Rain, wind, and snow didn’t stop Nebraskans from celebrating Spring Walk to School Day on Wednesday, April 17. More than 35 schools, community groups, and health organizations were scheduled to host events, with more than 9,000 elementary and middle school students expected to participate. Though inclement weather across the state caused some groups to postpone, many walked or biked anyway. At Crete Elementary School, for example, 394 kids braved the elements or walked laps in the gym.
“We’re glad schools and communities who experienced severe weather postponed their events for the safety of their students,” said Angela Barry, Safe Routes state coordinator. “But this is a good reminder that if you have the proper gear, every day can be a walk or bike to school day.”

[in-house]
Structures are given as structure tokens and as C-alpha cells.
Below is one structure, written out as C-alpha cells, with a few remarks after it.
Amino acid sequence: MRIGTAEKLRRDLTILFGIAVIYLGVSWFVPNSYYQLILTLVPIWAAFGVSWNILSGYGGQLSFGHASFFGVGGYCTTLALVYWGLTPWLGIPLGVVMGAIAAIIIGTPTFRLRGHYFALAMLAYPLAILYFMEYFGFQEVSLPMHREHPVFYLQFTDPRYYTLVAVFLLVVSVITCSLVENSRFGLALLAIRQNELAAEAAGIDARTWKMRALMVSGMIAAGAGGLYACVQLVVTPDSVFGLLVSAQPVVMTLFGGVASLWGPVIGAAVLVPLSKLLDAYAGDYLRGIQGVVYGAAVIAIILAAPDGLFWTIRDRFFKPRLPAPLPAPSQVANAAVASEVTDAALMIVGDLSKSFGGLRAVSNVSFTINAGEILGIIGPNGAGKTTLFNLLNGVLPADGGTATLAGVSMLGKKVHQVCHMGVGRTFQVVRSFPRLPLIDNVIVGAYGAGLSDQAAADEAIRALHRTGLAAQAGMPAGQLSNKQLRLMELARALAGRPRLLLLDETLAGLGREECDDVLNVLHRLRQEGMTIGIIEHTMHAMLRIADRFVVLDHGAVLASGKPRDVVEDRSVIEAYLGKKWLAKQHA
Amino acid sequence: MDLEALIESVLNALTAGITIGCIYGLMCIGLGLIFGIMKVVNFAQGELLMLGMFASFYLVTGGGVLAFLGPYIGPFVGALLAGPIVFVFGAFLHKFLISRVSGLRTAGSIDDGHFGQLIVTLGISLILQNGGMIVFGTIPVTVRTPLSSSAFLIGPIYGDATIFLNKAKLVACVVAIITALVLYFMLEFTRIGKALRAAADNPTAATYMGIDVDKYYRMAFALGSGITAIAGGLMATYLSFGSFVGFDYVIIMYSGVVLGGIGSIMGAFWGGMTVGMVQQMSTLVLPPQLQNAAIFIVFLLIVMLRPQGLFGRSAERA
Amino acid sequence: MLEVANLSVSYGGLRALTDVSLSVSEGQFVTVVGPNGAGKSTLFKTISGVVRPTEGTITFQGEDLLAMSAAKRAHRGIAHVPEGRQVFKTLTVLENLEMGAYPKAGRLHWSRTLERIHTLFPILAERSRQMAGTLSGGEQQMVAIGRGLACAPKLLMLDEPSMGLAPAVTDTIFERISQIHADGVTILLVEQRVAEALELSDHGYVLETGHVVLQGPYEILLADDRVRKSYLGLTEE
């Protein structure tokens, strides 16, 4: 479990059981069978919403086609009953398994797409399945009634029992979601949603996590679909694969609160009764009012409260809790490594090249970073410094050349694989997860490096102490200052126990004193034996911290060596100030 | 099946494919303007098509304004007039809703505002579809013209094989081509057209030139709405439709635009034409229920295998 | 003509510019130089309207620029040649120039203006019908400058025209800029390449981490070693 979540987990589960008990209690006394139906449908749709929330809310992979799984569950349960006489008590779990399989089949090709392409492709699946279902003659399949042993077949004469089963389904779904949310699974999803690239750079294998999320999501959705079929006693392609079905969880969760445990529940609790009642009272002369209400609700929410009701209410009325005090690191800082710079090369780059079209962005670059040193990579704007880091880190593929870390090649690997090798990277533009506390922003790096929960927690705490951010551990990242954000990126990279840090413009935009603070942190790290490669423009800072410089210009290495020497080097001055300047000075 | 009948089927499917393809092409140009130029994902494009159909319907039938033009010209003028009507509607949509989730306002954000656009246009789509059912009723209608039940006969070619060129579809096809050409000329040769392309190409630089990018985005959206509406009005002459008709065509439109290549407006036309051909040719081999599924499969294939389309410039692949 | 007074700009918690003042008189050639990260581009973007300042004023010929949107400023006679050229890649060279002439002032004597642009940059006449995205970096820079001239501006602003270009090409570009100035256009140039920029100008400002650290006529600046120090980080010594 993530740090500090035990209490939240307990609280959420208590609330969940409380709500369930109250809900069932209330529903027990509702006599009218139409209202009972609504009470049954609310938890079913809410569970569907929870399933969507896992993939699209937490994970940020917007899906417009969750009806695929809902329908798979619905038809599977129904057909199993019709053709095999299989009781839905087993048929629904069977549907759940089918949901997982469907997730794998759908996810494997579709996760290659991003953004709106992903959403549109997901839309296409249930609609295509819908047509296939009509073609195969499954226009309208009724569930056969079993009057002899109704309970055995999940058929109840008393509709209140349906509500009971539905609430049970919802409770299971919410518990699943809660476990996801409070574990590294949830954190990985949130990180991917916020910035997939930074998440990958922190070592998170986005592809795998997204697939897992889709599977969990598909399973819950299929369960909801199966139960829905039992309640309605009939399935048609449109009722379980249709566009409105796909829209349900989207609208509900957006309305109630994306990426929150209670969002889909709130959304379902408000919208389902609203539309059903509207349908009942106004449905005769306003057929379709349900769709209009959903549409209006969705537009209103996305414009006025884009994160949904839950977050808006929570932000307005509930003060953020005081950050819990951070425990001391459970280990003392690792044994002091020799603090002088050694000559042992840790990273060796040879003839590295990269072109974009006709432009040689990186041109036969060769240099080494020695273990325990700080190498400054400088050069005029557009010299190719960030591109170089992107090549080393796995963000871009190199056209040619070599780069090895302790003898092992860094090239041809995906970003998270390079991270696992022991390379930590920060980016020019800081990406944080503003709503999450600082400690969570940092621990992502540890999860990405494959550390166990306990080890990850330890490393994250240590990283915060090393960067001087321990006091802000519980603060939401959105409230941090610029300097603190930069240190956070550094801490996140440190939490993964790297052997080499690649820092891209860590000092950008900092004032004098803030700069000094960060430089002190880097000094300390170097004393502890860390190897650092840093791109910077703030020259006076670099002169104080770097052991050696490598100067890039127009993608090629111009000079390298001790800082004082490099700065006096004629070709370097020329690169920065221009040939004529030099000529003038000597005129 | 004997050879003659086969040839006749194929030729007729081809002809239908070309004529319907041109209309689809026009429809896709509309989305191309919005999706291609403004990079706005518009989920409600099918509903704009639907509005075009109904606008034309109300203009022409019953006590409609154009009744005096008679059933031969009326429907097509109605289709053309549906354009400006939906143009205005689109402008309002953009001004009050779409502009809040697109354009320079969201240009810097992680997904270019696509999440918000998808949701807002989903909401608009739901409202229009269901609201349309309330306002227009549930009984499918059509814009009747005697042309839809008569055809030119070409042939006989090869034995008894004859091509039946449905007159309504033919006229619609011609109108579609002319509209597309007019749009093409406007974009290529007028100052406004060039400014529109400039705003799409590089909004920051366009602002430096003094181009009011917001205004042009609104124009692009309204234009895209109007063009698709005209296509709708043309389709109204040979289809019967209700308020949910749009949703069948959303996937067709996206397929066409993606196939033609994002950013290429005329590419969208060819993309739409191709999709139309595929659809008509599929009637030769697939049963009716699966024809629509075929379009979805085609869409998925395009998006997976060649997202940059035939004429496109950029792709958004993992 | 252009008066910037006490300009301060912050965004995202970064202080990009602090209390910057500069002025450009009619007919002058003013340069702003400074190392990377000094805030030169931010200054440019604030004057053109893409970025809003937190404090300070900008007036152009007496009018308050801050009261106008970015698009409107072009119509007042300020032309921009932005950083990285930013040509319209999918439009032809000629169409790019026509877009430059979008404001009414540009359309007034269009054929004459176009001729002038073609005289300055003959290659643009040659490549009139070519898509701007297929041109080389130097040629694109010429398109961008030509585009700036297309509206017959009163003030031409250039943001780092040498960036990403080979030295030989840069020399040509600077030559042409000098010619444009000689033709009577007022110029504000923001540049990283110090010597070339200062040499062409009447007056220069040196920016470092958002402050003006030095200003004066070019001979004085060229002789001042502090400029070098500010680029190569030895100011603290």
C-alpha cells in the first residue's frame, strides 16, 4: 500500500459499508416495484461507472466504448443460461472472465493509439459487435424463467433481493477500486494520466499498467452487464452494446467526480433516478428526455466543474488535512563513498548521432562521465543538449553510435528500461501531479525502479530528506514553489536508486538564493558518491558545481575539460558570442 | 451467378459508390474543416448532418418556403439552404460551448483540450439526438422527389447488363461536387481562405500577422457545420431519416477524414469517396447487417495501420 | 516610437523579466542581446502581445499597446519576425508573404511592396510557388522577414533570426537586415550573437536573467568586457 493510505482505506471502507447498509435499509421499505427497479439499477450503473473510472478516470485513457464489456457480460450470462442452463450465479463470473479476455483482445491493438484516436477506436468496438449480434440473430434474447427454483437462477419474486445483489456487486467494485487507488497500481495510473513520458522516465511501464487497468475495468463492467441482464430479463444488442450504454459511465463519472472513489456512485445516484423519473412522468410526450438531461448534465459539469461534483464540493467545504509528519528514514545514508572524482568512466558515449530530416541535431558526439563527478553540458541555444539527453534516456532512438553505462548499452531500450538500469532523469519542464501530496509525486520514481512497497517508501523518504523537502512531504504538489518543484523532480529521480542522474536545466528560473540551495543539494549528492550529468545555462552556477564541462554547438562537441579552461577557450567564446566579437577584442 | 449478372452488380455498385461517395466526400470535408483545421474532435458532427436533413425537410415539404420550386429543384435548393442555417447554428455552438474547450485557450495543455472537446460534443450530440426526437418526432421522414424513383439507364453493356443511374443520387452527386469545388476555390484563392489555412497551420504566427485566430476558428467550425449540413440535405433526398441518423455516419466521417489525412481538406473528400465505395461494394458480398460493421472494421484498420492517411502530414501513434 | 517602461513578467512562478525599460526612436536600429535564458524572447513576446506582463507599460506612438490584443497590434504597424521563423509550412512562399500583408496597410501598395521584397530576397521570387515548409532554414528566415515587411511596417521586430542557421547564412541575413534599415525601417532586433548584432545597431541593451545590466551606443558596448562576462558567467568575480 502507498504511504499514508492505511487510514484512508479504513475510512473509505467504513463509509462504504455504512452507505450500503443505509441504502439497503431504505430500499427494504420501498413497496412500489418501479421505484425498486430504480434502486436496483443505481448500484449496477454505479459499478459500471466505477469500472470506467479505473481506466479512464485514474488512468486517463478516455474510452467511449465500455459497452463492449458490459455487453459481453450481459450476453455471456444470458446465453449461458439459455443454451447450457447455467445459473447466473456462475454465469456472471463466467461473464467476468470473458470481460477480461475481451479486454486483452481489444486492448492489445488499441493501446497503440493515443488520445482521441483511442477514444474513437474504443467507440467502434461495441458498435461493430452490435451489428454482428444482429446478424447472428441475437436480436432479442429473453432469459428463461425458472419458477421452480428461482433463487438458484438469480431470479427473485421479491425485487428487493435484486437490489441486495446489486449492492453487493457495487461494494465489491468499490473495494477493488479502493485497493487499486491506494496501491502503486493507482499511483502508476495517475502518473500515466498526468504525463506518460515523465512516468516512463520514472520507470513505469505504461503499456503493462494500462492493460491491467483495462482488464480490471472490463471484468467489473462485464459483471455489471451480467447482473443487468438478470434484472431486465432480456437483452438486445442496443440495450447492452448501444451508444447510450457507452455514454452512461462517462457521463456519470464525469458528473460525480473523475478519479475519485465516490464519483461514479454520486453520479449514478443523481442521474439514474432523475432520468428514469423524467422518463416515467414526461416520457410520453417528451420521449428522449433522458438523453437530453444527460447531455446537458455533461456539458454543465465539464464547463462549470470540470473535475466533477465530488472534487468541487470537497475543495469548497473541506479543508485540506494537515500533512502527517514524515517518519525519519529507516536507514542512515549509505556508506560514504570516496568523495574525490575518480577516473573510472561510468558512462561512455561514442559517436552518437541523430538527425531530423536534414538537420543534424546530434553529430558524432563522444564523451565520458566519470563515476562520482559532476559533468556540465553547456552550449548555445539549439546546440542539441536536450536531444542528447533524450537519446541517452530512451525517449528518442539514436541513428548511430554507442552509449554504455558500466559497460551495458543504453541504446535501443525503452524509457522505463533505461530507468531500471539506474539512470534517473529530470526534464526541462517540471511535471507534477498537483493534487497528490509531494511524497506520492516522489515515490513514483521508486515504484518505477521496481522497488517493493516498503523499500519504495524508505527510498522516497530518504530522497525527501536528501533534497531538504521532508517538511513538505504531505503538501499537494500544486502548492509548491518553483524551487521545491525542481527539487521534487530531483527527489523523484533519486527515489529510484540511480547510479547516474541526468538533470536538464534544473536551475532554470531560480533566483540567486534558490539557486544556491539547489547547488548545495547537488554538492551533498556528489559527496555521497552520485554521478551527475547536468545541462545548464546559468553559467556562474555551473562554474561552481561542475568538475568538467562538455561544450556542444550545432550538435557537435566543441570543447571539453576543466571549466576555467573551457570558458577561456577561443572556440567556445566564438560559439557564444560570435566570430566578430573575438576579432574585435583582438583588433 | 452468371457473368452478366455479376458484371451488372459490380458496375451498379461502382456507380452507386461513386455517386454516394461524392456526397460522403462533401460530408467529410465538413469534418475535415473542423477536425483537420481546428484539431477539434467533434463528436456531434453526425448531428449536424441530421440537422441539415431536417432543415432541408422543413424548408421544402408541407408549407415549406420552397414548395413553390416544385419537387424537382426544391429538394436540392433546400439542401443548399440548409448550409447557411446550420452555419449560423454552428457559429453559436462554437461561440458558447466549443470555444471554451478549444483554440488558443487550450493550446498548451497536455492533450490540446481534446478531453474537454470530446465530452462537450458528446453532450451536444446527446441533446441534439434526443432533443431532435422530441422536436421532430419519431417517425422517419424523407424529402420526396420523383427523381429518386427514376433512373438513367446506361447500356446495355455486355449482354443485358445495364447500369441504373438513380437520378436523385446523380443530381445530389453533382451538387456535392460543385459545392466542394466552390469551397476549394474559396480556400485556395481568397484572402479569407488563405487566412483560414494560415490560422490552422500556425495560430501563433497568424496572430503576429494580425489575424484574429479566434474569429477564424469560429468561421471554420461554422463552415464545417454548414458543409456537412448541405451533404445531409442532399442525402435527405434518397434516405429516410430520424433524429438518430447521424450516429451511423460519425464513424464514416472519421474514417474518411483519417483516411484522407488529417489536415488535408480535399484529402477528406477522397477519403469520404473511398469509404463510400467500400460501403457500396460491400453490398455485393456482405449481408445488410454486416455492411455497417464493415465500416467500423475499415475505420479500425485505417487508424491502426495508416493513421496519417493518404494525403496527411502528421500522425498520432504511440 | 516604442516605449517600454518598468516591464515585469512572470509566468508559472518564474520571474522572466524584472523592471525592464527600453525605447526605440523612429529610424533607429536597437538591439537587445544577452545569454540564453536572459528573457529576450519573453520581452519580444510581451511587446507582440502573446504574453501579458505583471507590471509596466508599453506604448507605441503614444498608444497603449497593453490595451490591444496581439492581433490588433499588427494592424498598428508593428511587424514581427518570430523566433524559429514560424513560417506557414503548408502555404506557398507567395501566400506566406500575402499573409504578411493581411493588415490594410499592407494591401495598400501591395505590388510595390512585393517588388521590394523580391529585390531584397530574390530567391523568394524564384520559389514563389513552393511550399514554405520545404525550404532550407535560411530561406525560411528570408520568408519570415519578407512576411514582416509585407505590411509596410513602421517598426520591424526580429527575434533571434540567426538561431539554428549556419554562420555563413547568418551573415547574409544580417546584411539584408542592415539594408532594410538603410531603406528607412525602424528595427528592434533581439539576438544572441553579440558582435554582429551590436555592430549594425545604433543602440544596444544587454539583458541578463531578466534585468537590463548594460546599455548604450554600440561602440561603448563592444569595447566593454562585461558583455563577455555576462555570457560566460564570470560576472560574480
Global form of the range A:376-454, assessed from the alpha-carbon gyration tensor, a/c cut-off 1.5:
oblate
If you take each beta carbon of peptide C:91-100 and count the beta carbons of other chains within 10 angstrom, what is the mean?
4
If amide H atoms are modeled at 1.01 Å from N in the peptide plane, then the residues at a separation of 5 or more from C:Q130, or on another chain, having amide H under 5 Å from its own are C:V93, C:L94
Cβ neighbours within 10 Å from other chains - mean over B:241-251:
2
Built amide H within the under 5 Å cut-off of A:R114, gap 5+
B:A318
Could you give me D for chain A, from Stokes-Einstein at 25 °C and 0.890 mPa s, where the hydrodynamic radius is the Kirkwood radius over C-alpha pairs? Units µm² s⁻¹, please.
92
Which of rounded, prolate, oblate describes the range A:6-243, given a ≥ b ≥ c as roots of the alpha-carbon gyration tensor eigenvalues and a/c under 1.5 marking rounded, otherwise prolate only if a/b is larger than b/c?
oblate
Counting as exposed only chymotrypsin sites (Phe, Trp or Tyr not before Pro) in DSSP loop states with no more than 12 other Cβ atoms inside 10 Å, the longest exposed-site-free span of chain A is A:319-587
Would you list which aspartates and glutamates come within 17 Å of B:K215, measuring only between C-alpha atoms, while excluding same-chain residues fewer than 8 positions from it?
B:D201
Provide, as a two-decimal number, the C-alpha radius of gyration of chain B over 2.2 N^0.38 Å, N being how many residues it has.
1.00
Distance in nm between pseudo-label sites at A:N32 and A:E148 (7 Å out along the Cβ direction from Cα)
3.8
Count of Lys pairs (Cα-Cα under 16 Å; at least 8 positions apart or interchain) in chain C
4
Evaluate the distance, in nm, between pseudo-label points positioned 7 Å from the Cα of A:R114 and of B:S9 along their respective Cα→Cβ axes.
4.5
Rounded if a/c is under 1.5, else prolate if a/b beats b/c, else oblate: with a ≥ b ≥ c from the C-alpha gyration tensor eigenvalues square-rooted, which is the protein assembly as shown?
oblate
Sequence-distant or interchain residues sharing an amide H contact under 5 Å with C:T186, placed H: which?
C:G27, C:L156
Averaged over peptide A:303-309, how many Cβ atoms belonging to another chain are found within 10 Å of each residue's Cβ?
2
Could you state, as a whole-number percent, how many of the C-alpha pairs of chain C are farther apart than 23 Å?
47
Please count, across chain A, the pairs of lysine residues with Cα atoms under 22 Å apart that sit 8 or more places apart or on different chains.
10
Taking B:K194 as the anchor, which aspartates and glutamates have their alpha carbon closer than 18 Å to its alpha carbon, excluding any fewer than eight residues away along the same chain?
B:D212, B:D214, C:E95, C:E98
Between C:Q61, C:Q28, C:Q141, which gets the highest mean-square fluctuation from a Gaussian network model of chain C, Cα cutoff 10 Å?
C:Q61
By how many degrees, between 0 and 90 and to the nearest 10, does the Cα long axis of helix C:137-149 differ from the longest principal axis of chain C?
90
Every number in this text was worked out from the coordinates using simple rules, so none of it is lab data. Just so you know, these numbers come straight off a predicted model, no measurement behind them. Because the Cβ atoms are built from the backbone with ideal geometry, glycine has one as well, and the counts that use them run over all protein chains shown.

Cory Grint, principal at Sargent Public Schools, expressed similar sentiments after deciding to proceed with the scheduled event. “It was cold, but everything went well, and it was a good reminder that we don’t just walk to school on the nice days.”
It seems that students agree. Schools that went ahead with their events saw a high level of participation. Prescott Elementary in Lincoln had 170 walkers, despite the cold and rainy conditions. And Bellwood Attendance Center teacher Shelli Eickmeier said the event in Bellwood received positive reception. “It was damp and chilly, but we had a fantastic turn out,” said Eickmeier. “At a quick glance, it looks like 90 percent of our building [participated].”
For those schools that cancelled events, the planning and preparation wasn’t lost. Safe Routes Nebraska helped groups transfer their Spring Walk to School Day registration to National Bike to School Day on May 8 instead. Both events seek to promote healthy lifestyles and encourage kids to choose active participation.